Peter wrote his second Epistle specifically to “stir up your pure minds by way of remembrance.” In the Word of God we are constantly told to remember what we are by nature and what the Lord God has done for us by his almighty grace in Christ. The reason for this is both simple and clear. Everything in the kingdom of God is motivated by grace and redemption. Therefore the Lord our God commands, — “And thou shalt remember that thou wast a bondman in the land of Egypt, and the LORD thy God redeemed thee” (Deut. 15:15).
In his autobiography William Jay tells of a visit he had with John Newton in his study at Olney. He noticed that Mr. Newton had this text of Scripture written in large letters, hanging on the wall over his desk. As that faithful servant of the Lord prepared his sermons these words were constantly before him: — “Thou shalt remember that thou wast a bondman in the land of Egypt, and the LORD thy God redeemed thee.” Mr. Newton lived and acted under the influence of his memory of God’s grace to him. It is reflected in his preaching, in his hymns, and in the particular conversation he had with William Jay that day.
“I am glad to see you,” Newton said to his guest. “I have a letter here from Bath. Perhaps you can assist me in answering it. Do you know anything of ___________,” calling the man’s name. Mr. Jay told Newton that he knew the man well. He once faithfully attended the church Jay pastored, and heard the preaching of the gospel with delight. But he had become a man of wicked reputation, a leader of every vice. Newton responded, “Perhaps a change has come over him. He writes a very penitent letter.” Then William Jay said, “I can only say that if ever he should be converted, I should despair of no one.” “And I,” said Newton, “have never despaired of anyone since I was converted myself.”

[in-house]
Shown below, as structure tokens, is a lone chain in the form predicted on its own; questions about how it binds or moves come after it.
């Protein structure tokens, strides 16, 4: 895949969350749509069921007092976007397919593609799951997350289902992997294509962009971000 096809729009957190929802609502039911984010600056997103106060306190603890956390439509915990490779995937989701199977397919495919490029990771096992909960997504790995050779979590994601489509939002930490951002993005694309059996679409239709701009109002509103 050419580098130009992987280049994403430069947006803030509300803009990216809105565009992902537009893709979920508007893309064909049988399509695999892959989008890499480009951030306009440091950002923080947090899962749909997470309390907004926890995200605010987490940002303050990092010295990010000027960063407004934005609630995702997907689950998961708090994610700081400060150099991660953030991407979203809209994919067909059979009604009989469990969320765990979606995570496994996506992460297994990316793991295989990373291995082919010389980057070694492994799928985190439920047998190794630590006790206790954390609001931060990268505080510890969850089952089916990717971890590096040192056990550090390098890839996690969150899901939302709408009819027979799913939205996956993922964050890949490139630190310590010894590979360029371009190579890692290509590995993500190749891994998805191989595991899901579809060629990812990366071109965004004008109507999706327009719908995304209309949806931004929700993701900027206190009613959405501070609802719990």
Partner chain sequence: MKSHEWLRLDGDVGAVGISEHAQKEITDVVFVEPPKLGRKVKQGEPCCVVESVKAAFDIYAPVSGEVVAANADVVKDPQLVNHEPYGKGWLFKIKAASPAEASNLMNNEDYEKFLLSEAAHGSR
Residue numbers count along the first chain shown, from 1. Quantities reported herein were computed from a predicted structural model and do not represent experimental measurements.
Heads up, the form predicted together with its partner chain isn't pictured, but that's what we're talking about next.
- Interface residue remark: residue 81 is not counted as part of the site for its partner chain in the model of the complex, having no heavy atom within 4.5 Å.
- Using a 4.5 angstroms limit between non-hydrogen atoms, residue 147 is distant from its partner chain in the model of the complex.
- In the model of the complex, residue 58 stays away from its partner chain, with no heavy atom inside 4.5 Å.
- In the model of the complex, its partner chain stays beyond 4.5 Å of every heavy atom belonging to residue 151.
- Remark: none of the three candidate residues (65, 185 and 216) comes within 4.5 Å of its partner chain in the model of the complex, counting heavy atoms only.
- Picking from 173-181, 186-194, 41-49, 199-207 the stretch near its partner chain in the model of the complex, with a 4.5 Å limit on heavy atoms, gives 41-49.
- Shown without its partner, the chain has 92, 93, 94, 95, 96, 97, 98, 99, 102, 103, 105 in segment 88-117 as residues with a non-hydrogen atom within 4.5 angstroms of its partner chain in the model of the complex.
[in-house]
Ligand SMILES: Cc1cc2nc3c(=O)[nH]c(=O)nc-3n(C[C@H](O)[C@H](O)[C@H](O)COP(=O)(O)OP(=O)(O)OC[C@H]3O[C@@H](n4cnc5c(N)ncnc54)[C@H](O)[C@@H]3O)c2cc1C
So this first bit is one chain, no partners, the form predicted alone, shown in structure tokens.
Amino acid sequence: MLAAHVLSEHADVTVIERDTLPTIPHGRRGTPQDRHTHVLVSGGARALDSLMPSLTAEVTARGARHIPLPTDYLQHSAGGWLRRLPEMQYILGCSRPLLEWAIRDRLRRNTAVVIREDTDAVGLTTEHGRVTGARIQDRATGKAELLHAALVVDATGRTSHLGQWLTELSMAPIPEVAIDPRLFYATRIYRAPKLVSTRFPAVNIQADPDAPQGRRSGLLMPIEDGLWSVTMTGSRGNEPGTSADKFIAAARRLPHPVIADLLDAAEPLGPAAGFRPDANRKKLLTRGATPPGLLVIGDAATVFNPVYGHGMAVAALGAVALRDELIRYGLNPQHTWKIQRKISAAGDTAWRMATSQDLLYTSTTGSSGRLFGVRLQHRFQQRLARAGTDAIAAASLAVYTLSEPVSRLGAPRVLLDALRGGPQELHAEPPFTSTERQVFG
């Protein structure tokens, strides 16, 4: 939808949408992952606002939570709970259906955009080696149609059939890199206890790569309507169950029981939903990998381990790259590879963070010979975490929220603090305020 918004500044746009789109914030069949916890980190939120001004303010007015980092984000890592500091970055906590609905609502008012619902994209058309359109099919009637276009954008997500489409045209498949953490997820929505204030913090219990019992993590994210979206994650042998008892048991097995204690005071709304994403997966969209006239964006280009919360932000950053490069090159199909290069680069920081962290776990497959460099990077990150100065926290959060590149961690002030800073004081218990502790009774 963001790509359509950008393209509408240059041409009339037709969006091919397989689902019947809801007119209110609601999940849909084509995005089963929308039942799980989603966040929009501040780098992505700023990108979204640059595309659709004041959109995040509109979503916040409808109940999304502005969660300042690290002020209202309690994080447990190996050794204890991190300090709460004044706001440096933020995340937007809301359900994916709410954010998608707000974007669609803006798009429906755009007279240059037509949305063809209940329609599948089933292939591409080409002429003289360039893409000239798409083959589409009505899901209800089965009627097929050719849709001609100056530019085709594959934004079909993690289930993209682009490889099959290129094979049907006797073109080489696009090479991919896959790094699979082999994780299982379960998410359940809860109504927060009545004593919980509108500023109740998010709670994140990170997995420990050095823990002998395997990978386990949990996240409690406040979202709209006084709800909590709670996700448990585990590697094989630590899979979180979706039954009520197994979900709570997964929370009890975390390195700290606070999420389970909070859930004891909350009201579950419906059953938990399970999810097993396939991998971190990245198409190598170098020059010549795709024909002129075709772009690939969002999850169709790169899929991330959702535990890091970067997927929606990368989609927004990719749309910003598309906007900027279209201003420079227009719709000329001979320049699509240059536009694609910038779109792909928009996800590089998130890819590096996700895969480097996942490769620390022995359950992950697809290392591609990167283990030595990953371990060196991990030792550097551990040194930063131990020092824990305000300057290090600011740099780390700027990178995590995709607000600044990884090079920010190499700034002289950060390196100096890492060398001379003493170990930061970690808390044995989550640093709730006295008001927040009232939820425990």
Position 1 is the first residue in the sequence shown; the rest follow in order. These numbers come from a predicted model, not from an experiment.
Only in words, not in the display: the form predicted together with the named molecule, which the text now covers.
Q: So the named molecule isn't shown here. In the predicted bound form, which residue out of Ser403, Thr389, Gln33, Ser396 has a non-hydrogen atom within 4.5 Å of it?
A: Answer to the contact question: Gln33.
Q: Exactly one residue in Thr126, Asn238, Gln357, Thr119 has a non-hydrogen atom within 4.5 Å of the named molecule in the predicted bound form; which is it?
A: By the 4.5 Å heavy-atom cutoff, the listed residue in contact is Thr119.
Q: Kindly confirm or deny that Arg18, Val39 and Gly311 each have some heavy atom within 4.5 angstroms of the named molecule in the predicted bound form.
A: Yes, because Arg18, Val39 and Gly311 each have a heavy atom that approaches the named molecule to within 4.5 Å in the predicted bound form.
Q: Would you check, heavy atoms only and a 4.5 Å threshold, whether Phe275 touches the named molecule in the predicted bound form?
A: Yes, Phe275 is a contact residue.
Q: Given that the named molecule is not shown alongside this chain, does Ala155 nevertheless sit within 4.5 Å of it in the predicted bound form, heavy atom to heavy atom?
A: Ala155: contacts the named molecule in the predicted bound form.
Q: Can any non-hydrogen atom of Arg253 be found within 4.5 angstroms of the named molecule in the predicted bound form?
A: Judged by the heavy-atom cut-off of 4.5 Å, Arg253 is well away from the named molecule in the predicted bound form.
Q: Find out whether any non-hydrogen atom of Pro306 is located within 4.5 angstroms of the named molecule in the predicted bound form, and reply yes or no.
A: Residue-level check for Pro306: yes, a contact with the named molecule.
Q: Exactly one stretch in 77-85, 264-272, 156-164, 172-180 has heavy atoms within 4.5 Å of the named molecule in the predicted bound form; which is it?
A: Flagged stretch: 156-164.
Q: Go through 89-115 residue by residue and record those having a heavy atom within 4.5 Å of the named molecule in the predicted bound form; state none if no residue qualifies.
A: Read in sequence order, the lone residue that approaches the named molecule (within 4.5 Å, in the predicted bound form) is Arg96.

Newton remembered that he had been a bondman in the land of Egypt and the Lord redeemed him out of his bondage. It appears that his friend, William Jay, had (at least for the moment) forgotten! Newton’s remembrance of his own experience of grace made him both hopeful for and tender toward another sinner in bondage.
May God the Holy Spirit constantly bring to our memories his marvelous, amazing grace in delivering our souls from bondage and melt our hearts before the throne of grace. Nothing will stir up our hearts and minds so effectually, nothing can motivate and govern our lives better than the remembrance of redemption and grace in and by the Lord Jesus Christ. — “Remember that thou wast a bondman in the land of Egypt, and the LORD thy God redeemed thee.” He has brought you into “the glorious liberty of the sons of God” by his omnipotent grace.